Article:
The Los Angeles Times today had a front page story about the new NBA. Writer David Wharton esentially bid farewell to the days of "Magic Johnson's familiar smile" and "Michael Jordan's classic elegance", and pointed to the NBA as changing into a "thug league." The picture accompanying the story was of Allen Iverson sporting a trucker's hat, a bandage, and enough "ink" to bring to mind a horrible case of skin poisoning.
The article claims that "the new wave of players brought a defiant attitude," and cites a Newsday article by Shaun Powell which called the recent Pistons/Pacers fight "an extension of the hip-hop culture they embrace, which promotes and encourages anger, violence, selfishness, bling-bling, excess, the exploitation of women and show-boating." Whew!
Here's my two cents (here are my two cents?): there was a time (says this crotchety old man in training) when the arts -- music, painting, literature, and athletics -- glorified the human spirit. The Olympics were a showcase for the beauty of the human body, and professional sports leagues were looked to as examples of the finest in performance and sportsmanship. Now we have hockey fights, illegal doping, brawls between fans and players... Music was a way to transport ourselves, to glimpse something of a higher nature, to reflect the greatness of humanity and inspire us to more greatness; now we have music that reflects the underbelly of society and encourages emulation of said underbelly, music that demeans women, denigrates minorities, and dispenses hatred.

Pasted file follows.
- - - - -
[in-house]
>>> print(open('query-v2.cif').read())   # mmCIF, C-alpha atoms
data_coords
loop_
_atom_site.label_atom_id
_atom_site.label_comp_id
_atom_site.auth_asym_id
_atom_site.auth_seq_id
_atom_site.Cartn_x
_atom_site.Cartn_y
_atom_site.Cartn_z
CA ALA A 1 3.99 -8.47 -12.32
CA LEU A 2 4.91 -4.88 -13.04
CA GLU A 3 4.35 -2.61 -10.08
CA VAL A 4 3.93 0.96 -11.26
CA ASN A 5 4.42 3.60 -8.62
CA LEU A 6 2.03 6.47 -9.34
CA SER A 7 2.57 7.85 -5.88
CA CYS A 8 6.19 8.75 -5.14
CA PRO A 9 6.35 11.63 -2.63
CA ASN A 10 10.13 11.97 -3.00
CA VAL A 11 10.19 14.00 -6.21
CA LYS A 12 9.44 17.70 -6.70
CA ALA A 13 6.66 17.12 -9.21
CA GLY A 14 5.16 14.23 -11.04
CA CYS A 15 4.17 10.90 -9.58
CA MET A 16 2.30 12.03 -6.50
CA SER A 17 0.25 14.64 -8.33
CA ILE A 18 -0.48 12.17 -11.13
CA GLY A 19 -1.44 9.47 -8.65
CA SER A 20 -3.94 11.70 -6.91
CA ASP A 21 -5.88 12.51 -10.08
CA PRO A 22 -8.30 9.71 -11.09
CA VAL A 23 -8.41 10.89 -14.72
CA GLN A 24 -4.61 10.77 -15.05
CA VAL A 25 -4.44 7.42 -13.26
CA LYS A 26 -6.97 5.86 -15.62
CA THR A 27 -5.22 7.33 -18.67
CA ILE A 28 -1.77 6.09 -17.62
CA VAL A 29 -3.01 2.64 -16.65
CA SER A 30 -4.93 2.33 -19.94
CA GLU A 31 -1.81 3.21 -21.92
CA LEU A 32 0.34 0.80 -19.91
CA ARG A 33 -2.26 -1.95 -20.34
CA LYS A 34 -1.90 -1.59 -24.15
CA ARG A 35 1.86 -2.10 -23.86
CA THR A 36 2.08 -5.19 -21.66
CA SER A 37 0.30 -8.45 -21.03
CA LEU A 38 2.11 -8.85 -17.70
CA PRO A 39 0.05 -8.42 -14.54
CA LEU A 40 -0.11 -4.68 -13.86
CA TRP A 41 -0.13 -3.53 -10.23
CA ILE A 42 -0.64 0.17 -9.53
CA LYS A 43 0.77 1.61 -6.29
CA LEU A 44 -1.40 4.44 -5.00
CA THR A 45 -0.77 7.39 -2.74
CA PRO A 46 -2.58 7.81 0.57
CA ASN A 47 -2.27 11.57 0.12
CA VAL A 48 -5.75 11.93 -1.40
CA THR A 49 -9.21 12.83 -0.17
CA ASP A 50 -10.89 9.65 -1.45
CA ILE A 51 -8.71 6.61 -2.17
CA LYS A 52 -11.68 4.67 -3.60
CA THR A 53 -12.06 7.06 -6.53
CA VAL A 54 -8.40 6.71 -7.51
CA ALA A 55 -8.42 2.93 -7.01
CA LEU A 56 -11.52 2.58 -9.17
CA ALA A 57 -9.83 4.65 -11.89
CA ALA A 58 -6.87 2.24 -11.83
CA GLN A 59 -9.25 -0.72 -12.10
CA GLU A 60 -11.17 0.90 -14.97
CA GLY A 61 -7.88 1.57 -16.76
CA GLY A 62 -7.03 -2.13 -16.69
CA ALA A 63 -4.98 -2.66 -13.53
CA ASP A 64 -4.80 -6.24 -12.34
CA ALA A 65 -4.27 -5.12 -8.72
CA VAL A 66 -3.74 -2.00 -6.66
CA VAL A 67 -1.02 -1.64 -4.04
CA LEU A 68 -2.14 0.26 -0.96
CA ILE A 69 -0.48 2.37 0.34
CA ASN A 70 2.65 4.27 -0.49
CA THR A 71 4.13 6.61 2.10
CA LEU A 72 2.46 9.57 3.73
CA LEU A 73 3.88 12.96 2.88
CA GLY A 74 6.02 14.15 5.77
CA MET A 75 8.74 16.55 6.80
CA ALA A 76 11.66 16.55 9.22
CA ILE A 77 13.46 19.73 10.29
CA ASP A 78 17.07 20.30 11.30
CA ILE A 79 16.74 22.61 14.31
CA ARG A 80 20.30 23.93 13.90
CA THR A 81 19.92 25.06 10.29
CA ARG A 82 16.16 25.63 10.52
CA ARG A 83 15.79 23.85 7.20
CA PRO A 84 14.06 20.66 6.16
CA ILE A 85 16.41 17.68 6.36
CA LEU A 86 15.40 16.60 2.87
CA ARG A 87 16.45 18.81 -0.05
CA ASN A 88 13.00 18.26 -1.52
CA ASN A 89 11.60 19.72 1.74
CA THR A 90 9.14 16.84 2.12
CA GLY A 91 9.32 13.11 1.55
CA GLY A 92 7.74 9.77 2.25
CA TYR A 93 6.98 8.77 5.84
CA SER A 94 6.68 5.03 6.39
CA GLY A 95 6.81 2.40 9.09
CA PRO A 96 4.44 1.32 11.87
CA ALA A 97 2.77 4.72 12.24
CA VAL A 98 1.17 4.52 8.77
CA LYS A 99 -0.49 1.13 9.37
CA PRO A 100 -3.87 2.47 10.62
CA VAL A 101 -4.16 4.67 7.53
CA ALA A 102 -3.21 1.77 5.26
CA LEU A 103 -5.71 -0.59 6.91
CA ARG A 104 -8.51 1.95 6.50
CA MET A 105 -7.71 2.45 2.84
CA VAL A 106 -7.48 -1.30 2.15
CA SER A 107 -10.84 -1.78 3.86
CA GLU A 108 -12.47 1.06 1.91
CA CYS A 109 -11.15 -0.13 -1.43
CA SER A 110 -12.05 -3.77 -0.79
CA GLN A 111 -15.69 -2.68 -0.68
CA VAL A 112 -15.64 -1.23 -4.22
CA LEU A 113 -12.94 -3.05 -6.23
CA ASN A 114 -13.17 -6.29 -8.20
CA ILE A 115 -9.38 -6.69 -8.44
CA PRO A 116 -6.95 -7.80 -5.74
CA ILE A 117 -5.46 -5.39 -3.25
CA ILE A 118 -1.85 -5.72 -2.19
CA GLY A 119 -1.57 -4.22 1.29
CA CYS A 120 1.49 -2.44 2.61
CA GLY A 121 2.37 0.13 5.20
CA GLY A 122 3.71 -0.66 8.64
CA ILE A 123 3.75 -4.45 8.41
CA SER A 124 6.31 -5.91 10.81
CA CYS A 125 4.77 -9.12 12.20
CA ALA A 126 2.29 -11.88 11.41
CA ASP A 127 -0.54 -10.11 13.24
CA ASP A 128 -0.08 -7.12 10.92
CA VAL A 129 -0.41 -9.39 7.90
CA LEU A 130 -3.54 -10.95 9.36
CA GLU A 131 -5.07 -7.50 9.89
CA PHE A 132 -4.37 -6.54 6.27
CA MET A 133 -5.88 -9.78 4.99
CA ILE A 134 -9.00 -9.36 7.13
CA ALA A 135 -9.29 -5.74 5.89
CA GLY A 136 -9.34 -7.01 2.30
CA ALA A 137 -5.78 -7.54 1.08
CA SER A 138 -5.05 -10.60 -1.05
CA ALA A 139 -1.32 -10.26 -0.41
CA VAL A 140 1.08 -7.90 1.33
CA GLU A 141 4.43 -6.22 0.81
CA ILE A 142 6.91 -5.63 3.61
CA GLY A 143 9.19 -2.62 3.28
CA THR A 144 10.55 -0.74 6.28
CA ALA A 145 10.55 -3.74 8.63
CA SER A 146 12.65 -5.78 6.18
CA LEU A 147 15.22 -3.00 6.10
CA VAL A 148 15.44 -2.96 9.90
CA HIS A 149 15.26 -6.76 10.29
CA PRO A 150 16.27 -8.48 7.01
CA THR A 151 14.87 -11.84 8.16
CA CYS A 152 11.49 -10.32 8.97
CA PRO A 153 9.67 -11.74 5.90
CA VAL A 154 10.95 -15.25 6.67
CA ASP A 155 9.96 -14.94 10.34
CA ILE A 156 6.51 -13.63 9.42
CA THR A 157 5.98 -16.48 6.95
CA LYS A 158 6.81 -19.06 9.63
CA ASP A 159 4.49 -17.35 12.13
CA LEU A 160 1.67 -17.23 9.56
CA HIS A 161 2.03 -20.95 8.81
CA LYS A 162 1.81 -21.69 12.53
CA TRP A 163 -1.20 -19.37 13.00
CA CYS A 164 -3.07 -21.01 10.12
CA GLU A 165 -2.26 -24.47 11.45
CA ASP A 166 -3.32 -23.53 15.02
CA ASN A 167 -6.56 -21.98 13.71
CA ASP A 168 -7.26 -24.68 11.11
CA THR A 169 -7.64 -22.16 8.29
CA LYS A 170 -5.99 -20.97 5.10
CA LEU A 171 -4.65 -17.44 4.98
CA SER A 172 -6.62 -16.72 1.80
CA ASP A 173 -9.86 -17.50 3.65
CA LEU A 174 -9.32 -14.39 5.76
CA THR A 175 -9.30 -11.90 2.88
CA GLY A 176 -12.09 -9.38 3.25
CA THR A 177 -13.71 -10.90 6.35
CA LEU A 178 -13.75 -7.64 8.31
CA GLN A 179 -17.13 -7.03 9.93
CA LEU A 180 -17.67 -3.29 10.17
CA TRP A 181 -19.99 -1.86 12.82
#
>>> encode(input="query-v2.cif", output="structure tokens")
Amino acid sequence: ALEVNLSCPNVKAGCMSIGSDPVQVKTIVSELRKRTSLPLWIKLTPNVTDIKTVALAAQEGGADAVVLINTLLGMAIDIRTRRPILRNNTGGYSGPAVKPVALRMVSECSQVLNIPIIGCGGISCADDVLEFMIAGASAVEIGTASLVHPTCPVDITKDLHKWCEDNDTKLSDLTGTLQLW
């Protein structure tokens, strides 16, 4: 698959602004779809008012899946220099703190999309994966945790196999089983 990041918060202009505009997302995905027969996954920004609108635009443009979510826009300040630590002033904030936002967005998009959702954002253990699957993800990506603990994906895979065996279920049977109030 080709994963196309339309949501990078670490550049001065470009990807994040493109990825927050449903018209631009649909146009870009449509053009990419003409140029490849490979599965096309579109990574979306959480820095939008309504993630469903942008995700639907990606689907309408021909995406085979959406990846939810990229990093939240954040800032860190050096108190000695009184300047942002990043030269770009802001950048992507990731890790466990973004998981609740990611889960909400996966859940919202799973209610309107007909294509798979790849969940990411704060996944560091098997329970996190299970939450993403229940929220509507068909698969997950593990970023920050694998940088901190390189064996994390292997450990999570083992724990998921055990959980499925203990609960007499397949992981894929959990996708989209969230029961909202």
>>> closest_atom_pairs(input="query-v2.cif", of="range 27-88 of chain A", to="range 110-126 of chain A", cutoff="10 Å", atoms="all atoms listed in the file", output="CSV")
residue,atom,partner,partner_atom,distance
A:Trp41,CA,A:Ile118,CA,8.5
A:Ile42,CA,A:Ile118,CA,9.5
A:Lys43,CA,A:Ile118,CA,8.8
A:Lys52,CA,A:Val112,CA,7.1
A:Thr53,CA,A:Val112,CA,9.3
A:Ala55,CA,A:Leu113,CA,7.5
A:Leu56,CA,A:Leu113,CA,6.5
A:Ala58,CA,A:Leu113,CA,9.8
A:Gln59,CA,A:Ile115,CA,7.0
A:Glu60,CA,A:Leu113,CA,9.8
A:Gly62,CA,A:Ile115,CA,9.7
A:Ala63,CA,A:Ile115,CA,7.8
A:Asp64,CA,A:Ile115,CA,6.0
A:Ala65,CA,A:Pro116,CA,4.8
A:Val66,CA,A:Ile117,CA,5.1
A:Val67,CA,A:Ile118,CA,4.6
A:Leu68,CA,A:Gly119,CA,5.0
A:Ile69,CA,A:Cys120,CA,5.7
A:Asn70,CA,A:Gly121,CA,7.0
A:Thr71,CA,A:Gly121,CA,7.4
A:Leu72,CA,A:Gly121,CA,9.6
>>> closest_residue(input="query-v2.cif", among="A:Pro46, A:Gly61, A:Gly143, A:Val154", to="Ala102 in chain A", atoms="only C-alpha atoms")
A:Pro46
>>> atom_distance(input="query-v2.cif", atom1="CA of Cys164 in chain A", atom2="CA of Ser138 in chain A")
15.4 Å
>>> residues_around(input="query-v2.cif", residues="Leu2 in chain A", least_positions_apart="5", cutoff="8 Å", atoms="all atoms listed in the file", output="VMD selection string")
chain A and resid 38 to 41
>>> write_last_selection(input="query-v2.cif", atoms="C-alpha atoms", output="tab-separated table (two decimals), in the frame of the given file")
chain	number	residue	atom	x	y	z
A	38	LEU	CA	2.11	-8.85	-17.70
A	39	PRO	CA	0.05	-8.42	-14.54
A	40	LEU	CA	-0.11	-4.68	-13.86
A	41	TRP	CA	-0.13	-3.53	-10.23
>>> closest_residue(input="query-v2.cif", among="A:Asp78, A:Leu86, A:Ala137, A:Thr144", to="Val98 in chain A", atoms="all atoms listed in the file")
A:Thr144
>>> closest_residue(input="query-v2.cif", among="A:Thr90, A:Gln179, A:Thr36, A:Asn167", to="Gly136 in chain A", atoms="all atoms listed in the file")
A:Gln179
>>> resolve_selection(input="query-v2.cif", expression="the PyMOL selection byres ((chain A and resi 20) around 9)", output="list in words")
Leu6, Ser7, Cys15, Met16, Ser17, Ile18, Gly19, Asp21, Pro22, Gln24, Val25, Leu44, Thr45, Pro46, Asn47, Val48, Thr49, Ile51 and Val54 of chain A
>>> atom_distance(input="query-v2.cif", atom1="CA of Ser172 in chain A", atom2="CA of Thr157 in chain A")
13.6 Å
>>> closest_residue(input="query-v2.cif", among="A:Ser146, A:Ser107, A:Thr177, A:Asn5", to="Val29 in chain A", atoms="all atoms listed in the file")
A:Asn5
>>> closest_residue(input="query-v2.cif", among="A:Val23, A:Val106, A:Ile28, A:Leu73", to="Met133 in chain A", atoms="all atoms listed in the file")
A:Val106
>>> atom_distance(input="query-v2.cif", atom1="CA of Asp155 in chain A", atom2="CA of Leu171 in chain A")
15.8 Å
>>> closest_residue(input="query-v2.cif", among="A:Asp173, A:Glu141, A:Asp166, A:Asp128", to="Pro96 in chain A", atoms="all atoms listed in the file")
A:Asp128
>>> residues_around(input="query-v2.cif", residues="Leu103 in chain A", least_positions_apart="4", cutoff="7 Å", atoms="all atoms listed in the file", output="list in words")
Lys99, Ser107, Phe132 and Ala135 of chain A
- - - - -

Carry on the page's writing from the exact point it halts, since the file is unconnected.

I'm not suggesting that in the good old days everything was sunshine and roses, and today we are left with naught but evil; but I mourn the arts as an inspriation to do good, to be better, and to rise above everyday life. I look forward to popular acclaim of music and athletes that encourage us to do more for ourselves and those around us, to strive for greatness and never settle, and to refuse to accept that the way things are is the ways things have to be.